We Can Remake It: The Shadow

By: Daniel Reynolds

The 90s were a weird time. Can we admit that now? We’re 12 years out and the further we get from that decade the more bizarre some of the cultural artifacts of that era seem. The AV Club recently finished their Top 50 movies of the 90s list and as expected it has all of the Coen brothers, Wes Anderson and Tarantino that you’d expect. If you looked at that list in a vacuum you’d see a staggeringly diverse list of quality films and conclude that the 90s were awesome. You know what you wouldn’t see? A hammy, art deco action film, starring Alec Baldwin as a semi-supernatural hero based on a 1930s radio show, fighting a descendent of Genghis Khan.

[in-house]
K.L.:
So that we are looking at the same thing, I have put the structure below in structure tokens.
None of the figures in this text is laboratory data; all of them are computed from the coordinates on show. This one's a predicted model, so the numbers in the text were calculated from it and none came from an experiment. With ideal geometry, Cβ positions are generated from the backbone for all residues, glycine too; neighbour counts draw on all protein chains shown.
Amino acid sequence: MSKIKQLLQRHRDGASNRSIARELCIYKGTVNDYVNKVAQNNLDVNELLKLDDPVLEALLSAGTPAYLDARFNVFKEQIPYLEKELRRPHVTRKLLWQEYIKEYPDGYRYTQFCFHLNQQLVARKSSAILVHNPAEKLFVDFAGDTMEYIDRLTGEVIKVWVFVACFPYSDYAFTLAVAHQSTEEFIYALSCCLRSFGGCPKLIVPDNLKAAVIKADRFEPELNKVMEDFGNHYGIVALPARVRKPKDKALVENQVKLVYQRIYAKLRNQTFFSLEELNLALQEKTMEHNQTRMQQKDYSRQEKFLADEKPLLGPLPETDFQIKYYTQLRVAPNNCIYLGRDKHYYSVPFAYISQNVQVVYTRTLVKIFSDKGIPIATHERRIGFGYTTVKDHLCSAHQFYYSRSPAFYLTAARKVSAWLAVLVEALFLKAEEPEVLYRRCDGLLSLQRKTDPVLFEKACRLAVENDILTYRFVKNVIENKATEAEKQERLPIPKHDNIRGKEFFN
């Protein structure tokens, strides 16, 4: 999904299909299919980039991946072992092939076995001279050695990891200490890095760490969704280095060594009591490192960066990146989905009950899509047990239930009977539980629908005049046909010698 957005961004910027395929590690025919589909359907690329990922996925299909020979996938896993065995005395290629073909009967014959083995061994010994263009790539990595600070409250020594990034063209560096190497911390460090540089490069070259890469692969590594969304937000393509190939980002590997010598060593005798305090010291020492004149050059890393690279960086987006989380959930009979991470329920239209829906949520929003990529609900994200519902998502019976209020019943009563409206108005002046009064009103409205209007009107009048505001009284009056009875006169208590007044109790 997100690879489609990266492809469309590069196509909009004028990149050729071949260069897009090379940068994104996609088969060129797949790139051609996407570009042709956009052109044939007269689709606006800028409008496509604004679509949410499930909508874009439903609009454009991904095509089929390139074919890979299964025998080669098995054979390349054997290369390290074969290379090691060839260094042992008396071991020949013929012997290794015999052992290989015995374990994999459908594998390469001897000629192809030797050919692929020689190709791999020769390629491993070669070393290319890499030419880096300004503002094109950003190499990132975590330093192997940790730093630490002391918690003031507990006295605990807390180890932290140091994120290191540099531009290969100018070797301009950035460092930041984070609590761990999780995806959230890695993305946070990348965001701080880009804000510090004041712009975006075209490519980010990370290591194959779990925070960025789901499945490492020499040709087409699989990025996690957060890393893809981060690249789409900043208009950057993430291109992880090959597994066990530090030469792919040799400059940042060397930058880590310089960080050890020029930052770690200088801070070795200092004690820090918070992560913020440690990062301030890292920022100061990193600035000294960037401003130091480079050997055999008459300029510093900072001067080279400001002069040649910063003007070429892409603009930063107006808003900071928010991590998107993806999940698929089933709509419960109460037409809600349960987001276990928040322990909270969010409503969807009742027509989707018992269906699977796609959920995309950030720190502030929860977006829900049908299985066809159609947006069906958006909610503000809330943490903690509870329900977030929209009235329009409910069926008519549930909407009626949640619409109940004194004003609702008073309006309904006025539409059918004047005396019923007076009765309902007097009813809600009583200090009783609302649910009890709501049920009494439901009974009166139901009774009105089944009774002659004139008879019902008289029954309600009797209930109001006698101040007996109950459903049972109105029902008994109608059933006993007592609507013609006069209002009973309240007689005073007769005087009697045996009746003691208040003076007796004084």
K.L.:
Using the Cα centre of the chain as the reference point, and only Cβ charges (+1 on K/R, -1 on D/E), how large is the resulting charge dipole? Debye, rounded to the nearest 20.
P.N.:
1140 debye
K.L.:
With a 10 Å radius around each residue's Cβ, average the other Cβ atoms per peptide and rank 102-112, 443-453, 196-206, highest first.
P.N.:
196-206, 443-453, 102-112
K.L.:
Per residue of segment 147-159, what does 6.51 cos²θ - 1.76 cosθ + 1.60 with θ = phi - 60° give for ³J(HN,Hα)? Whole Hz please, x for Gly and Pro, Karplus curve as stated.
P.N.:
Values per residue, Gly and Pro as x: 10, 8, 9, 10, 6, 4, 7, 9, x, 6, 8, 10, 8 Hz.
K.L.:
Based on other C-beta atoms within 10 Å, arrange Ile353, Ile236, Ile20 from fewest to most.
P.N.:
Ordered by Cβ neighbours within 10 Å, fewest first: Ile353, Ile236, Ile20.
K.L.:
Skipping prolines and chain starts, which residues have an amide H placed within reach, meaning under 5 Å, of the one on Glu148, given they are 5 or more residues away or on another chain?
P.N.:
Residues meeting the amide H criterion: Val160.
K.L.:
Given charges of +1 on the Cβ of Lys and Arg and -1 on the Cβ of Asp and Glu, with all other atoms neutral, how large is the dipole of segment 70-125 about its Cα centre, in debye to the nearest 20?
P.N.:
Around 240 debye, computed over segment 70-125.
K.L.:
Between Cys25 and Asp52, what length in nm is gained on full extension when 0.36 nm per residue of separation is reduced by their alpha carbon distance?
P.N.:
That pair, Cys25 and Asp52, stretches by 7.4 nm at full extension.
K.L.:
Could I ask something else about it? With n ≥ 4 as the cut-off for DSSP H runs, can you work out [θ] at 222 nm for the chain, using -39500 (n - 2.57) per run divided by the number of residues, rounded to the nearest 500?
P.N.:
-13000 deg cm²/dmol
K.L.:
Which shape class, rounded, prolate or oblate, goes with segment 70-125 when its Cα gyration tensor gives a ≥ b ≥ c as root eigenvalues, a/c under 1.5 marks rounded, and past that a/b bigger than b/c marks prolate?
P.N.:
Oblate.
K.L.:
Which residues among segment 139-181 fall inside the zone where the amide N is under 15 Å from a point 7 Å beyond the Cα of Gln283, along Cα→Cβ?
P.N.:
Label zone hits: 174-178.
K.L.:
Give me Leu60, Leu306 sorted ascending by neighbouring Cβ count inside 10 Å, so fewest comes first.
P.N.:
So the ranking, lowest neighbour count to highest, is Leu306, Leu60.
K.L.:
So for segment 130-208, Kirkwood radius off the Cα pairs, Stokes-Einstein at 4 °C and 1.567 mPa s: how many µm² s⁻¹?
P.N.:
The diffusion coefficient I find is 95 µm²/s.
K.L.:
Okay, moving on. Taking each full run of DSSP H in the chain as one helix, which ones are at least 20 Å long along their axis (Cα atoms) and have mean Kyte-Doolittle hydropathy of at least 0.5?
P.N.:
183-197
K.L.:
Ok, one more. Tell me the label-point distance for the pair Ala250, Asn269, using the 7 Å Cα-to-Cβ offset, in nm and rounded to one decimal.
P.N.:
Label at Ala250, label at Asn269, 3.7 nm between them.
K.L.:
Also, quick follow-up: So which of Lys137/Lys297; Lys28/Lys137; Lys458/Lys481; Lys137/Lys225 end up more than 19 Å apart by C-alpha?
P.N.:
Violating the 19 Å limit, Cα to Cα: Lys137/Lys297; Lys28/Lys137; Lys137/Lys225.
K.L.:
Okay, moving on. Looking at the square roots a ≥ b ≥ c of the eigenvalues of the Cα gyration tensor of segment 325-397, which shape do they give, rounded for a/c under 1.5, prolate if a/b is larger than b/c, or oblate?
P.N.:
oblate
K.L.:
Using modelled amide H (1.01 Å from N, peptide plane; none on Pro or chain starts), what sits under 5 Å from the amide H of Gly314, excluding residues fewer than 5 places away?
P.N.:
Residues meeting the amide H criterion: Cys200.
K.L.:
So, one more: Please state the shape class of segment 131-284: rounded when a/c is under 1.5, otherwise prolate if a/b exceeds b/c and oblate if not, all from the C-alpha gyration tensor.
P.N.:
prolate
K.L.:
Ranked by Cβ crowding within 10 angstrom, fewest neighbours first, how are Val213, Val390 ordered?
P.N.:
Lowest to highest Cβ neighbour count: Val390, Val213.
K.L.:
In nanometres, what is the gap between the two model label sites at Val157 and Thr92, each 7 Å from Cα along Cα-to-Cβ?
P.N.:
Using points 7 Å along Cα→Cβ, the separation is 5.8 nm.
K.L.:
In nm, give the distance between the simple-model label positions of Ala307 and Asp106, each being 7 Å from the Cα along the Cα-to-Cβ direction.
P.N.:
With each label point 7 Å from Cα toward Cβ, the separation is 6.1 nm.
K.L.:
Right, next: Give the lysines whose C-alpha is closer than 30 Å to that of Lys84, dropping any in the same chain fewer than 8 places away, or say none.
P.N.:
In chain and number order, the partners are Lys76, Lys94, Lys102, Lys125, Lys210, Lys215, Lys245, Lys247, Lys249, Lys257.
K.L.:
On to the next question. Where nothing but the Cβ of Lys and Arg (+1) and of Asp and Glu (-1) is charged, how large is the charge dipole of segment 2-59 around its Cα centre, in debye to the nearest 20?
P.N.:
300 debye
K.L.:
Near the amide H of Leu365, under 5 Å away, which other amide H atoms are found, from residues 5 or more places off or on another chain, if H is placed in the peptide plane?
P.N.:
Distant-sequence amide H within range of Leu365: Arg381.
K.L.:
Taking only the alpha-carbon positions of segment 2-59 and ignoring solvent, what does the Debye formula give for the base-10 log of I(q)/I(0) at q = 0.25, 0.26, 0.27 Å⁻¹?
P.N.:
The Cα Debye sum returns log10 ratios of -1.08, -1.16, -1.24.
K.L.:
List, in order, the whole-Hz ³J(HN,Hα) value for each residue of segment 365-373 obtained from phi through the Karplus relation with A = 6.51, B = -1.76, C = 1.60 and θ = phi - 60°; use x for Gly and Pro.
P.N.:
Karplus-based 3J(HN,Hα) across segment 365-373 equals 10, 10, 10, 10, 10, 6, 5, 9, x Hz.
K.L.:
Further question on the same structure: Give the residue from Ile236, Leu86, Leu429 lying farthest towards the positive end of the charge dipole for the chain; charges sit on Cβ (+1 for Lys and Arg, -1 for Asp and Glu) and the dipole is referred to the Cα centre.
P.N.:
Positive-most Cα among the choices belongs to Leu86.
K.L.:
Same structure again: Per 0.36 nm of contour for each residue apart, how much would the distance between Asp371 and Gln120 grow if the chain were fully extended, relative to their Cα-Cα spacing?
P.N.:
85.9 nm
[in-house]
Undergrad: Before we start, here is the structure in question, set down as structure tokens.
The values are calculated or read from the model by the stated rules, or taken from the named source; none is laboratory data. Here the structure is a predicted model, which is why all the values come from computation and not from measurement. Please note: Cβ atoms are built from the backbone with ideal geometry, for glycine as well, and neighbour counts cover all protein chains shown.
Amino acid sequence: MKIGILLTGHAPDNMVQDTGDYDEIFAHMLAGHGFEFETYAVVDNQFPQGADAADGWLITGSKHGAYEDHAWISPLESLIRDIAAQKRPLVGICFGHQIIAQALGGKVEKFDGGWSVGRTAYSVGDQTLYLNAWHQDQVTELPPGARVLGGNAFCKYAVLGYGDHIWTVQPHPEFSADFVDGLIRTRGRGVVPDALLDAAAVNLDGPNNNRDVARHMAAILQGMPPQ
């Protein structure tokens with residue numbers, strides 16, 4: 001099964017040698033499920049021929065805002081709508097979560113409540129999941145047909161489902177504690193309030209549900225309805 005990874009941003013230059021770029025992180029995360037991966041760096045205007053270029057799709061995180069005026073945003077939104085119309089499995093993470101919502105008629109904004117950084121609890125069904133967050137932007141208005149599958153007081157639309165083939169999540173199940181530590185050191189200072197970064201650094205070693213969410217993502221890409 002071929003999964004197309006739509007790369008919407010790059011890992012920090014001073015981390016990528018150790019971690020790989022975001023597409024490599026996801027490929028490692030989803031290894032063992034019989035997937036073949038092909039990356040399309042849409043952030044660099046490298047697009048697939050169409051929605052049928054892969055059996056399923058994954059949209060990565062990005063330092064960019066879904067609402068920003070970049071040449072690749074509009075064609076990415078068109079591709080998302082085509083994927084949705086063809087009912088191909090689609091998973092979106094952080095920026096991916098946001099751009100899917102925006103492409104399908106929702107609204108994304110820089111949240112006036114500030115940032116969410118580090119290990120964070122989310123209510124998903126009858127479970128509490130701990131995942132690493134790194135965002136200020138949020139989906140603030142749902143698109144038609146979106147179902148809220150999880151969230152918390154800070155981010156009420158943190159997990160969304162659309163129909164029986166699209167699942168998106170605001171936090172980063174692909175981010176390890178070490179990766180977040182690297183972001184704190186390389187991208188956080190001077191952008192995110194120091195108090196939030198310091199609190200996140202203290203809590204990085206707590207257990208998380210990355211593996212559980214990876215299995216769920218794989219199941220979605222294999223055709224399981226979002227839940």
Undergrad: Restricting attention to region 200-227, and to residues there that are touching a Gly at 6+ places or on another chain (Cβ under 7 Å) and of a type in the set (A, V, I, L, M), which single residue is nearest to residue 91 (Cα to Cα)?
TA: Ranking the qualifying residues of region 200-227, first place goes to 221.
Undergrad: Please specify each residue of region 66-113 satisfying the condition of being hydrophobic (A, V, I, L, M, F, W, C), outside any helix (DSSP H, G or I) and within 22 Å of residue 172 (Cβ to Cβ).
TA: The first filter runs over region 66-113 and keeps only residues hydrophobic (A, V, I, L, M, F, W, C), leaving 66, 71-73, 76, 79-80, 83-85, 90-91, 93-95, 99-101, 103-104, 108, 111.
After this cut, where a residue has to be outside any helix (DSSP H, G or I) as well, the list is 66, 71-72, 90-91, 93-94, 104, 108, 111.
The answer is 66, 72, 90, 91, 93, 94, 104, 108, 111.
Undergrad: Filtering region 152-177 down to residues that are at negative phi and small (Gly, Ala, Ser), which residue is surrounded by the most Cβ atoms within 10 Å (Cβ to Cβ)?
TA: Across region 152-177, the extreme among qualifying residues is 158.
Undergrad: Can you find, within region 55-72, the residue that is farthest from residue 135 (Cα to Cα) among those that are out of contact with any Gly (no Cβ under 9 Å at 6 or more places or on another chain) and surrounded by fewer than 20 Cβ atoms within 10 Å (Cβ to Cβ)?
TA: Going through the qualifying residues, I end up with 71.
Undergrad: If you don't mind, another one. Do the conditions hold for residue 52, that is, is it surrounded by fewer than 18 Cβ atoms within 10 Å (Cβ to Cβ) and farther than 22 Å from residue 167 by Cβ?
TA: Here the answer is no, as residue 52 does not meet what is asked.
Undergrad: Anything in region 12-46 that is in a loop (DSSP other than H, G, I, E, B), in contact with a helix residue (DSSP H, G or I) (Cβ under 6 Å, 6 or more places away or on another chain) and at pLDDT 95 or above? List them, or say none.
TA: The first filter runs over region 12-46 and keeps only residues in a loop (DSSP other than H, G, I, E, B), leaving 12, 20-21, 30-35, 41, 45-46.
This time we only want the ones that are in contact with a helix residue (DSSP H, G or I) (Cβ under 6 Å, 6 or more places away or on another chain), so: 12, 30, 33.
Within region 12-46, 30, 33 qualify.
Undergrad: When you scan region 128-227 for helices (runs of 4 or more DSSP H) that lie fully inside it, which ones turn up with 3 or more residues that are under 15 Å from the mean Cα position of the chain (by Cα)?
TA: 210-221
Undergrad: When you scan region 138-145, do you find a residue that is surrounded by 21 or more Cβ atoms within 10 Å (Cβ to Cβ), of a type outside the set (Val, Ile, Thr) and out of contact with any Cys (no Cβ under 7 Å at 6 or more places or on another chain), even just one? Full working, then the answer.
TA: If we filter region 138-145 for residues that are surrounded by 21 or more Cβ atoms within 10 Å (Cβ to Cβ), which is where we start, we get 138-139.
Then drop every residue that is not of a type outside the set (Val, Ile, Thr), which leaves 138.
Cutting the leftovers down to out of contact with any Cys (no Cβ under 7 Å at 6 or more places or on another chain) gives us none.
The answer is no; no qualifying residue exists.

Yep, The Shadow would be entirely absent.

One of the pulp novels inspired by The Shadow radio program.

Back in 1930, the mysterious Shadow character appeared on a radio program called Detective Story Hour (things were really literal back then). Now, the Shadow was not a cuddly hero in the Superman mold; he was scary. He was described as having the ability to “cloud men’s minds so they cannot see him” (OK, very literal, except for when describing superpowers). Basically, eight years before Batman showed up, there was already a well-off, menacing man of darkness, who preyed on the criminals of his city, while gaining an almost supernatural force of legend. Thus, it would seem, given the smash success of Tim Burton’s Batman in 1989, that the Shadow would be poised to make a comeback. Then again, this is the 90s we’re talking about here.